By Tim Lambert
Before the 20th century children had few toys and those they did have were precious. Furthermore, children did not have much time to play. Only a minority went to school but most children were expected to help their parents doing simple jobs around the house or in the fields. Egyptian children played similar games to the ones children play today.
They also played with toys like dolls, toy soldiers, wooden animals, ball, marbles, spinning tops, and knucklebones (which were thrown like dice).
In Ancient Greece when boys were not at school and girls were not working they played ball games with inflated pig’s bladders. They also played with knucklebones. Children also played with toys like spinning tops, dolls, model horses with wheels, hoops, and rocking horses.
Roman children played with wooden or clay dolls and hoops. They also played ball games and board games. And they played with animal knucklebones.
Toys changed little through the centuries. In the 16th century children still played with wooden dolls. (They were called Bartholomew babies because they were sold at St Bartholomew’s fair in London). They also played cup and ball (a wooden ball with a wooden cup on the end of a handle. You had to swing the handle and try and catch the ball in the cup).
The first dolls house was made in Germany in 1558.
Toys In The Industrial Revolution
The industrial revolution allowed toys to be mass-produced and they gradually became cheaper.
John Spilsbury made the first jigsaw puzzle in 1767. He intended to teach geography by cutting maps into pieces but soon people began making jigsaws for entertainment. The Kaleidoscope was invented in 1816 by David Brewster. In 1882 Adeline Whitney patented alphabet blocks.
In the 19th century, middle-class girls played with wood or porcelain dolls. They also had dolls houses, model shops, and skipping ropes. Boys played with toys like marbles and toy soldiers as well as toy trains. (Some toy trains had working engines fueled by methylated spirits). They also played with toy boats. However poor children had few toys and often had to make their own.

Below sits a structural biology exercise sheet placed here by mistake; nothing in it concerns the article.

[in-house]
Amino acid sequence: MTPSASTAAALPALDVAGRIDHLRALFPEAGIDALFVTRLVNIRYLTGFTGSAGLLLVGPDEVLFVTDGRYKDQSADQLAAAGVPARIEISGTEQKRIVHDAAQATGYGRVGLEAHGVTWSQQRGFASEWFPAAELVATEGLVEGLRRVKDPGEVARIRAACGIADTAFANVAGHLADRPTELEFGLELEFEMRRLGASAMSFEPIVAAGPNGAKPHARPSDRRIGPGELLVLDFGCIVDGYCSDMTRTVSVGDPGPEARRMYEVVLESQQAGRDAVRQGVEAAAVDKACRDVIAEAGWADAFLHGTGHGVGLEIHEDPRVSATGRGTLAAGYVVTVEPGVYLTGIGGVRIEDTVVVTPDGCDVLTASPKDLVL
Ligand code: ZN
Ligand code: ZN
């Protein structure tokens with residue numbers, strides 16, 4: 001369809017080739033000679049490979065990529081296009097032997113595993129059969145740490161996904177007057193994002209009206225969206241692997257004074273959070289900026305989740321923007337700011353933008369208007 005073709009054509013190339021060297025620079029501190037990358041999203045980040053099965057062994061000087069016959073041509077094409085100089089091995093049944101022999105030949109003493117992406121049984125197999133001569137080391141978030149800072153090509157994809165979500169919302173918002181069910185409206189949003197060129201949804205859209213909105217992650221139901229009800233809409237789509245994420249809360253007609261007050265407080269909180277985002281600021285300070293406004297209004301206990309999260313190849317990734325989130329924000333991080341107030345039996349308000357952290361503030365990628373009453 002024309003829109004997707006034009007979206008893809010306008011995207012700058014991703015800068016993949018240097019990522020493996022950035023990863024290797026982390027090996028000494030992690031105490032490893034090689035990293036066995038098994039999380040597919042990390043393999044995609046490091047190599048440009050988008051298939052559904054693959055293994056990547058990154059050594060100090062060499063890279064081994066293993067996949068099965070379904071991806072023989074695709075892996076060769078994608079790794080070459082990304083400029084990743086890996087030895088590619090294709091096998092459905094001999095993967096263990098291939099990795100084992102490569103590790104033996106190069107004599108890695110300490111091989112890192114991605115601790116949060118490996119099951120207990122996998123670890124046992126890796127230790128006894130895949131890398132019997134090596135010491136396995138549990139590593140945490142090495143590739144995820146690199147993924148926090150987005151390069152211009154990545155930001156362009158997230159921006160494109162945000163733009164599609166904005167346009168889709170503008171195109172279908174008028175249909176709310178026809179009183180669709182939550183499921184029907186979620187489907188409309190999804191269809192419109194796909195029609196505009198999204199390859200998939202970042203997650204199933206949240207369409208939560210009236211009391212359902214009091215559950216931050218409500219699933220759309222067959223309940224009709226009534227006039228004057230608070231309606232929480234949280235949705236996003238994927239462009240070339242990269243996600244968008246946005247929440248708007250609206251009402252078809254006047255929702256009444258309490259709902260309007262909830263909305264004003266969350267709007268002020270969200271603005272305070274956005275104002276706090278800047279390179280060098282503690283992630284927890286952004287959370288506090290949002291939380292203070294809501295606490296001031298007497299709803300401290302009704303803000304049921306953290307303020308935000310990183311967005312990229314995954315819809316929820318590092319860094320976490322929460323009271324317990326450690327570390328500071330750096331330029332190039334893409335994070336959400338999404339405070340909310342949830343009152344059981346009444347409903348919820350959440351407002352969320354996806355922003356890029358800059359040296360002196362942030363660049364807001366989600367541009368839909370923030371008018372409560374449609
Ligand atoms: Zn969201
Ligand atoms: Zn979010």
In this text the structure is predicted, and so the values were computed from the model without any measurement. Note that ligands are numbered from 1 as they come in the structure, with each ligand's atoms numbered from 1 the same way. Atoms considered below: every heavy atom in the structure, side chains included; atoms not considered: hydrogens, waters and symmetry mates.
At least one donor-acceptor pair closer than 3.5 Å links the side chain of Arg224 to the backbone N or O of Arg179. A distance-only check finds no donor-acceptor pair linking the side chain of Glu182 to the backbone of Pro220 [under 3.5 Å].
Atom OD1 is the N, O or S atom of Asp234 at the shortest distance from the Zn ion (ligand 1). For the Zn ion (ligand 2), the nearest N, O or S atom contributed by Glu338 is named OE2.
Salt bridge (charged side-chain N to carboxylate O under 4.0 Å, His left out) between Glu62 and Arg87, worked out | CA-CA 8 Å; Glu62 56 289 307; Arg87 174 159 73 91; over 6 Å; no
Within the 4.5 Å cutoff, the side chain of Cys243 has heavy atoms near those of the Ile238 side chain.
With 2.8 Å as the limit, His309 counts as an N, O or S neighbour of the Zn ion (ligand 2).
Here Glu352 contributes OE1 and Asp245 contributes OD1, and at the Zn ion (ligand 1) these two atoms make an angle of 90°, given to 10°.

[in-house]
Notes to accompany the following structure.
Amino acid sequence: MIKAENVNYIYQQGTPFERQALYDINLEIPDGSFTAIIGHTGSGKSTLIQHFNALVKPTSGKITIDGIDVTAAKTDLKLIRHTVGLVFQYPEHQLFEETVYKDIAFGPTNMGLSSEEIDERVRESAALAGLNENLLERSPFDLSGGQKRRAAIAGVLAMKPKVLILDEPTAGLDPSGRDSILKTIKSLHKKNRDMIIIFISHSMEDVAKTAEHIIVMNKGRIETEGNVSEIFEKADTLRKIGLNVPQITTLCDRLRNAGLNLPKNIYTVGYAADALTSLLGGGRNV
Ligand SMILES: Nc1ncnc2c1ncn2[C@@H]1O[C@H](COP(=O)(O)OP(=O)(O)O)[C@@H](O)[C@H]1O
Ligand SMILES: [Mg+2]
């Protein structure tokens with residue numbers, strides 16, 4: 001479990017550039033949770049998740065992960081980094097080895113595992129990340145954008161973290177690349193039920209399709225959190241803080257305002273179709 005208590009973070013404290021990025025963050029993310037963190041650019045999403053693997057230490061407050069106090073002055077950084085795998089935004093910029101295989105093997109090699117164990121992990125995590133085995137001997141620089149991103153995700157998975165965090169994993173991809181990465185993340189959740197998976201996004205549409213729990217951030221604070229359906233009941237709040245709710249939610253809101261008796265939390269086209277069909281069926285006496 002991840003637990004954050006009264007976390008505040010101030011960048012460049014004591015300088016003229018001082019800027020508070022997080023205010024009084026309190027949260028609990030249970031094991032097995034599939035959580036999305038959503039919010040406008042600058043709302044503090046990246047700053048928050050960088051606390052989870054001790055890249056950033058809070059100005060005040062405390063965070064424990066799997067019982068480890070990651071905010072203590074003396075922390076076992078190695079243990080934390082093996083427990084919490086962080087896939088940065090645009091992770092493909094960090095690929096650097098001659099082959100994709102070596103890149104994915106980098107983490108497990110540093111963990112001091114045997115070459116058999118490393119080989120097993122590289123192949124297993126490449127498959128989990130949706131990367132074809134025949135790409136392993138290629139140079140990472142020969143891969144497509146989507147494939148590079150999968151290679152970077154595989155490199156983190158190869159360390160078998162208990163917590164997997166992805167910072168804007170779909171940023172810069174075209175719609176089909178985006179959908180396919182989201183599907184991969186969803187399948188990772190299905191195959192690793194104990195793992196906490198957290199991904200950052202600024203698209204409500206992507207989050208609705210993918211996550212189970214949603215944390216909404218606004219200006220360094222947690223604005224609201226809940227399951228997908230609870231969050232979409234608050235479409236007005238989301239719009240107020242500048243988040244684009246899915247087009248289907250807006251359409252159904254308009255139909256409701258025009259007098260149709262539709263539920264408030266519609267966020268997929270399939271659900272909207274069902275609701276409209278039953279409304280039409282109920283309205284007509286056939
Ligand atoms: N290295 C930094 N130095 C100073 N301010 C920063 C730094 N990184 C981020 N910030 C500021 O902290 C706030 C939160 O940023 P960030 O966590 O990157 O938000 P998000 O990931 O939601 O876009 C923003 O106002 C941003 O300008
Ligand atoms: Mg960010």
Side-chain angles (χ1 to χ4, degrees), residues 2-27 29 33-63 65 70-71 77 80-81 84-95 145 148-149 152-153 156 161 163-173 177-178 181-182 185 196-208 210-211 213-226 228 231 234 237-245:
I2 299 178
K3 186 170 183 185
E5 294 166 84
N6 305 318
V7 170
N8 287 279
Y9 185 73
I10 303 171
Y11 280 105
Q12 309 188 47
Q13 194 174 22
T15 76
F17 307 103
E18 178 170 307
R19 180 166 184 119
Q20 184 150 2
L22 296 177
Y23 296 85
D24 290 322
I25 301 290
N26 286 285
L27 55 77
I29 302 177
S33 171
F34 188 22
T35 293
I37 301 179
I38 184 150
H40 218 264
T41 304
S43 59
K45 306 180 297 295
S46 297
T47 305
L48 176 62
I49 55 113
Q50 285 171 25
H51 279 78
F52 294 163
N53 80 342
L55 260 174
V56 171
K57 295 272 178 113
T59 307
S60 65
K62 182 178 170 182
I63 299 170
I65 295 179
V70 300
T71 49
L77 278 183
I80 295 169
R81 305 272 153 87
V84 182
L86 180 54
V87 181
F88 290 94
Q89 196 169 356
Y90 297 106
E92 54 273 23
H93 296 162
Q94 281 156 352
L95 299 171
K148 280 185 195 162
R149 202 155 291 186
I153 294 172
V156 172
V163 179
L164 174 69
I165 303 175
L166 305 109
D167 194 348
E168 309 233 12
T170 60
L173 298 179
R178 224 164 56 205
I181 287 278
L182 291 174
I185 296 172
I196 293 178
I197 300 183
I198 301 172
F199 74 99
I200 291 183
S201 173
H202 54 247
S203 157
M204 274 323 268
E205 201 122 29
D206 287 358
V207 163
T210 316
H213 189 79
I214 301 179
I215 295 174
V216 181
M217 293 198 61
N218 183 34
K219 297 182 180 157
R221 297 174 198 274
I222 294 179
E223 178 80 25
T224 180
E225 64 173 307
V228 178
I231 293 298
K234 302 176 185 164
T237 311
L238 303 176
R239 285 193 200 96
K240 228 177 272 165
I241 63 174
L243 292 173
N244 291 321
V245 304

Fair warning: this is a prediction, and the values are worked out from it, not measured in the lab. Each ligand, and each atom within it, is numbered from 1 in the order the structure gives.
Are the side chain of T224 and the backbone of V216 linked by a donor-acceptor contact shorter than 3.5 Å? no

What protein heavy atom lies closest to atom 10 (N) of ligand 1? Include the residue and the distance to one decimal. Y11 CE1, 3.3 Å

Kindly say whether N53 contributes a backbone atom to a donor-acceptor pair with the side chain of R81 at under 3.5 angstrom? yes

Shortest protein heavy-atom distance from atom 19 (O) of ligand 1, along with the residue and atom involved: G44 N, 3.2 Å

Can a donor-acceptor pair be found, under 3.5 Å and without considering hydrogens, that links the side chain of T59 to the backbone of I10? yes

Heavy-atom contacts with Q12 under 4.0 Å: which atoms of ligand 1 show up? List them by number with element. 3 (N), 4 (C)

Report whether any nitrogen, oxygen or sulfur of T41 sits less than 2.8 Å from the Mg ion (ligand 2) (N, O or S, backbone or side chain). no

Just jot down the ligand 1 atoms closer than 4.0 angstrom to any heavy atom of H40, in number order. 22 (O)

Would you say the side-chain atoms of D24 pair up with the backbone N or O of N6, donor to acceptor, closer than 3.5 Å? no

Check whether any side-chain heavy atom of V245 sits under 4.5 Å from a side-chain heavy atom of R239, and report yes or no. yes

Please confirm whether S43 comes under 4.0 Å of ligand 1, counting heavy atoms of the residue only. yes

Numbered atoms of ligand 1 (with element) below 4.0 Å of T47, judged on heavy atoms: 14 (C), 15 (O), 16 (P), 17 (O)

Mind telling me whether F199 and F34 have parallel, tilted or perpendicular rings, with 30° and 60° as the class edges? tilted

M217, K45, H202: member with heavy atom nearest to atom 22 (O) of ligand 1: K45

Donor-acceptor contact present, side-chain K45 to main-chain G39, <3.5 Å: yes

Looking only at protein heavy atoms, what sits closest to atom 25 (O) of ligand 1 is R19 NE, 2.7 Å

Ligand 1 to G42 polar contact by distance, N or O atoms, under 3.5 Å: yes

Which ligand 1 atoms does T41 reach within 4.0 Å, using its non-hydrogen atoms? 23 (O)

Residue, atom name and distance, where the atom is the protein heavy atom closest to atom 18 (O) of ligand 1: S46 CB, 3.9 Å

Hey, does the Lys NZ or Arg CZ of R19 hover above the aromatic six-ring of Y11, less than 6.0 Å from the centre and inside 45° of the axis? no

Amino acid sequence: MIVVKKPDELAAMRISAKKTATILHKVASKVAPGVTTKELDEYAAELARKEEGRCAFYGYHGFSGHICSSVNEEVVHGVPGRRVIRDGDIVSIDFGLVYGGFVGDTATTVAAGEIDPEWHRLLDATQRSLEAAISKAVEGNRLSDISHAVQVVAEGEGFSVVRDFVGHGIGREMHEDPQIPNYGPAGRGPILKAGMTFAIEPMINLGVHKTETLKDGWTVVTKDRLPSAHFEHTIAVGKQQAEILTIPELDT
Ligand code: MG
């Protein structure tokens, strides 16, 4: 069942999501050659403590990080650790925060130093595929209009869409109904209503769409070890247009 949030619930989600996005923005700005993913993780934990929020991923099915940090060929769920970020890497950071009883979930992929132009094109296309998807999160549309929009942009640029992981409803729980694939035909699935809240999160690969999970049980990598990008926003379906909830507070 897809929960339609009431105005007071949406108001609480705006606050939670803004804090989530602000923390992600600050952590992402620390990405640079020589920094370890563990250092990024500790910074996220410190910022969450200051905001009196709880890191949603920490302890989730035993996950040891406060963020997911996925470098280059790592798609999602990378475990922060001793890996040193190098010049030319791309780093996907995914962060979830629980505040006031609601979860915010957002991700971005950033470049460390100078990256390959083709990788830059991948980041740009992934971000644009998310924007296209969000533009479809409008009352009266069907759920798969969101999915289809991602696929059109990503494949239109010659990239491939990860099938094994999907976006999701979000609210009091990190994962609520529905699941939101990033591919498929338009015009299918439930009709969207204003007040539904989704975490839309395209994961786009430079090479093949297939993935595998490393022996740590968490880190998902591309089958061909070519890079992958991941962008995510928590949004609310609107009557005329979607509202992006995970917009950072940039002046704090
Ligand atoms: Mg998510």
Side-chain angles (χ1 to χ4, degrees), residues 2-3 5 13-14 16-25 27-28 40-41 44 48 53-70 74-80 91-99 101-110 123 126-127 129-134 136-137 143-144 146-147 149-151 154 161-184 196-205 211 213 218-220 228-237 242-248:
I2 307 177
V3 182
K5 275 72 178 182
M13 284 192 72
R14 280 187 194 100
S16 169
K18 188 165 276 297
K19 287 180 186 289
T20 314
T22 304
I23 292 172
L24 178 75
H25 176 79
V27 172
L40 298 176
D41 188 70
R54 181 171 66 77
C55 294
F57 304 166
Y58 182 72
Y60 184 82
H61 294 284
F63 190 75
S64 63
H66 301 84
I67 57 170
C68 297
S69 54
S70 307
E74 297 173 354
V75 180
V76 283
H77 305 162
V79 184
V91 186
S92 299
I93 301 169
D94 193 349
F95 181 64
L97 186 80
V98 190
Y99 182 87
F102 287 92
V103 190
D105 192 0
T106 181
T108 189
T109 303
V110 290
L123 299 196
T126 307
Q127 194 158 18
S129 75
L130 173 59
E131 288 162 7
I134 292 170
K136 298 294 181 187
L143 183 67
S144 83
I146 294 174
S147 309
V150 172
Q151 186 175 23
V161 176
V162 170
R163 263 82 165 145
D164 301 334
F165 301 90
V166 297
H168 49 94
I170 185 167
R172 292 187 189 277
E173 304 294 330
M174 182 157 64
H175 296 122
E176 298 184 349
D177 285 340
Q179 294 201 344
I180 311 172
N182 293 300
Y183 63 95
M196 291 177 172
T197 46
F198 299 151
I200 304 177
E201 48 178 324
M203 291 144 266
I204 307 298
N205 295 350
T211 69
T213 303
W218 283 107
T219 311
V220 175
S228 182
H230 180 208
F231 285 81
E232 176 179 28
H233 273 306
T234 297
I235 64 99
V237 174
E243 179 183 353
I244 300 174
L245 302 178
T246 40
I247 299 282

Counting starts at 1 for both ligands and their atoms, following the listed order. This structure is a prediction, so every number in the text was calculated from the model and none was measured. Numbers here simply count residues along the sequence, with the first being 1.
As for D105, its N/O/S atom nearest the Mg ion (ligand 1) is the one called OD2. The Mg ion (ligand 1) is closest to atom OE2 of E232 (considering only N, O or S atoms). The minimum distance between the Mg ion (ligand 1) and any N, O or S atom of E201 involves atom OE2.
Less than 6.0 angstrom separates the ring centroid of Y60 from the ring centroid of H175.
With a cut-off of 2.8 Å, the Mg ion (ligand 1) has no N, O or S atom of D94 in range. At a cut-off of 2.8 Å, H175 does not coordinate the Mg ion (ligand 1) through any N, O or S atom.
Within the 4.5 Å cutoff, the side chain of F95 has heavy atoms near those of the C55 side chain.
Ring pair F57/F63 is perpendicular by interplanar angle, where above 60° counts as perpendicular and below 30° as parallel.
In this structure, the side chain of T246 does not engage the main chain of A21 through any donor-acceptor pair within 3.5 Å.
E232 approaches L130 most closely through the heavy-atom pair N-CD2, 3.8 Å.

In a well-off 19th century family children played with rocking horses and clockwork toys like moving animals. Clockwork trains were also popular. So was the jack-in-the-box.
Simple toys like spinning tops were also popular. So were hoops and games like knucklebones and pick-up sticks in which you had to pick up colored sticks from a pile without disturbing the others.
On Sundays children often played with toys with religious themes like Noah’s arks with wooden animals. Children also loved magic lanterns (slide) shows and puppet shows.
Toys In The 20th Century
Many new toys were invented in the 20th century. Plasticine was invented in 1897 by William Harbutt. It was first made commercially in 1900. Also in 1900, Frank Hornby invented a toy called Meccano. Edwin Binney and Harold Smith invented crayons in 1903. Boys have played with marbles for centuries but in 1915 Martin F Christensen invented a machine that enabled them to be mass-produced.
Also at the beginning of the 20th-century pedal cars for children were introduced. Also, popular toys in the early 20th century were small tin cars. In the 1920s train sets became very popular. Soft toys also became common in the early 20th century including teddy bears.
During World War II most toy factories were turned over to war production. Nevertheless, James Wright invented silly putty in 1943. The slinky was invented by Richard T. James in 1943.
In the late 20th century with the arrival of an affluent society plastic and metal toys became much cheaper and much more common. In the 1950s Lego became a popular toy. Mr Potato Head was invented in 1952. Play-Doh was invented in 1955 by Joseph and Noah McVicker. Skateboards were first sold in 1958 and Barbie dolls were invented in 1959. In Britain, Action Man went on sale in 1966. In the early 1970s space hoppers and clackers were popular toys.
At the end of the 20th century, computer games became very popular.
Among modern toys, the Tamagotchi was invented in 1996 and the Furby went on sale in 1998.
Last revised 2021